So, Wyoming’s big game animals are going into this winter in excellent shape, which greatly boosts their chances of survival, Ball said.
As to whether Game and Fish will consider feeding deer or antelope if things get nasty again this winter, that’s yet to be seen, she said.
“The Wyoming Game and Fish Department will continue to evaluate winter severity and the need for emergency supplemental feeding throughout the winter months,” she said. “The department will continue to analyze new information as it becomes available that could help address some of the most important challenges to winter feeding of deer.”
What About The 2024 Hunting Seasons?
Huge winterkill losses prompted cutbacks in deer and antelope hunting tags in some areas this fall. Whether that happens again in 2024 also remains to be seen, Ball said.
“The Department’s game wardens and biologists adaptively manage mule deer and pronghorn toward established herd unit objectives through hunting seasons,” she said. “Managers will conduct wildlife surveys this winter and evaluate harvest results in February. Following this data collection period, the 2024 season recommendations will be presented during public meetings across Wyoming in March.”
Everybody Can Pitch In
“While it is difficult to watch wildlife populations suffer severe winter losses, it is important to remember Wyoming’s wildlife have been enduring winters like last year for thousands of years. With healthy habitat conditions, wildlife are resilient and can recover to pre-winter numbers like they have in the past,” Ball said.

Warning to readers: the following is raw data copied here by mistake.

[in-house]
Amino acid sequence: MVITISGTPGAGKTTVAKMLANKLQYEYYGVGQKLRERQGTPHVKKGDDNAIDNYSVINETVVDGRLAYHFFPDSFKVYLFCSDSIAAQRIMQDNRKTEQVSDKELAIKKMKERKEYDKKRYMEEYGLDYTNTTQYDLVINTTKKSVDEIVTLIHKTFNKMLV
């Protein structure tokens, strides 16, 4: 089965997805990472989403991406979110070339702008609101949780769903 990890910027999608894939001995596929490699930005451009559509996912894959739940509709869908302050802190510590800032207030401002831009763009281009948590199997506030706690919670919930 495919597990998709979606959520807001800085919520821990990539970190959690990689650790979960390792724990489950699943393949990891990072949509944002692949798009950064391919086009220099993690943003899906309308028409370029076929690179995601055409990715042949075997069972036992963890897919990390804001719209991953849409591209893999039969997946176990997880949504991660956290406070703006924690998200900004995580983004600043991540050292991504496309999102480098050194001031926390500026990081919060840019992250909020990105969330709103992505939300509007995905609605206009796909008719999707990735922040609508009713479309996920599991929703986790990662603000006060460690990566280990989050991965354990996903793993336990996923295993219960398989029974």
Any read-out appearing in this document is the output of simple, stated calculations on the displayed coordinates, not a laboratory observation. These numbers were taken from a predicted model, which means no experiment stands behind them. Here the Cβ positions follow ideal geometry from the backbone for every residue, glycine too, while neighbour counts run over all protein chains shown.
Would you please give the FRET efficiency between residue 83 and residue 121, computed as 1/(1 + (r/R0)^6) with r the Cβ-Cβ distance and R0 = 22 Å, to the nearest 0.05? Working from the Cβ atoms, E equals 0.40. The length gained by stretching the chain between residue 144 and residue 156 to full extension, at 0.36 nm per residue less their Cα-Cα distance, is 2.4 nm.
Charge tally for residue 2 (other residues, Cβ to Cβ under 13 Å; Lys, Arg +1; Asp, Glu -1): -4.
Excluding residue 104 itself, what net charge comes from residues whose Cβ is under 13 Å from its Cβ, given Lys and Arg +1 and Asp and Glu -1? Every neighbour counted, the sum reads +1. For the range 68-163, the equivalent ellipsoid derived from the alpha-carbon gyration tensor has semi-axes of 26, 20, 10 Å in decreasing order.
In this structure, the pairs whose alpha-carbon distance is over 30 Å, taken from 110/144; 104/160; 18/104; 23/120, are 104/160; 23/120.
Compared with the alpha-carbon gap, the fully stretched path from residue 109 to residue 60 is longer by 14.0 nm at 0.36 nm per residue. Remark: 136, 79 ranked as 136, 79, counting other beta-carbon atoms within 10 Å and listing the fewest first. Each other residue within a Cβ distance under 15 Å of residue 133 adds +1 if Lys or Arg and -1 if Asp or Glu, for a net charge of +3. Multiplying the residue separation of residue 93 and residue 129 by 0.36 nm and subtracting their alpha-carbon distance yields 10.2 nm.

Meanwhile, Game and Fish and wildlife conservation organizations are pitching in to help preserve deer and antelope habitat and migration routes. In the long run, that’s what truly helps the herds, Ball said.
And there’s other ways to help, she said.
“We can all come together to improve mule deer habitat by volunteering for habitat projects, purchasing a Wyoming wildlife conservation plate, purchasing Super Tag raffle tickets or getting involved with a local conservation organization,” she said.
“Landowners can help wintering wildlife by leaving gates open where possible to allow unimpaired movement of animals across the landscape and modifying fences to make them more wildlife-friendly,” Ball added.
Mark Heinz can be reached at email@example.com.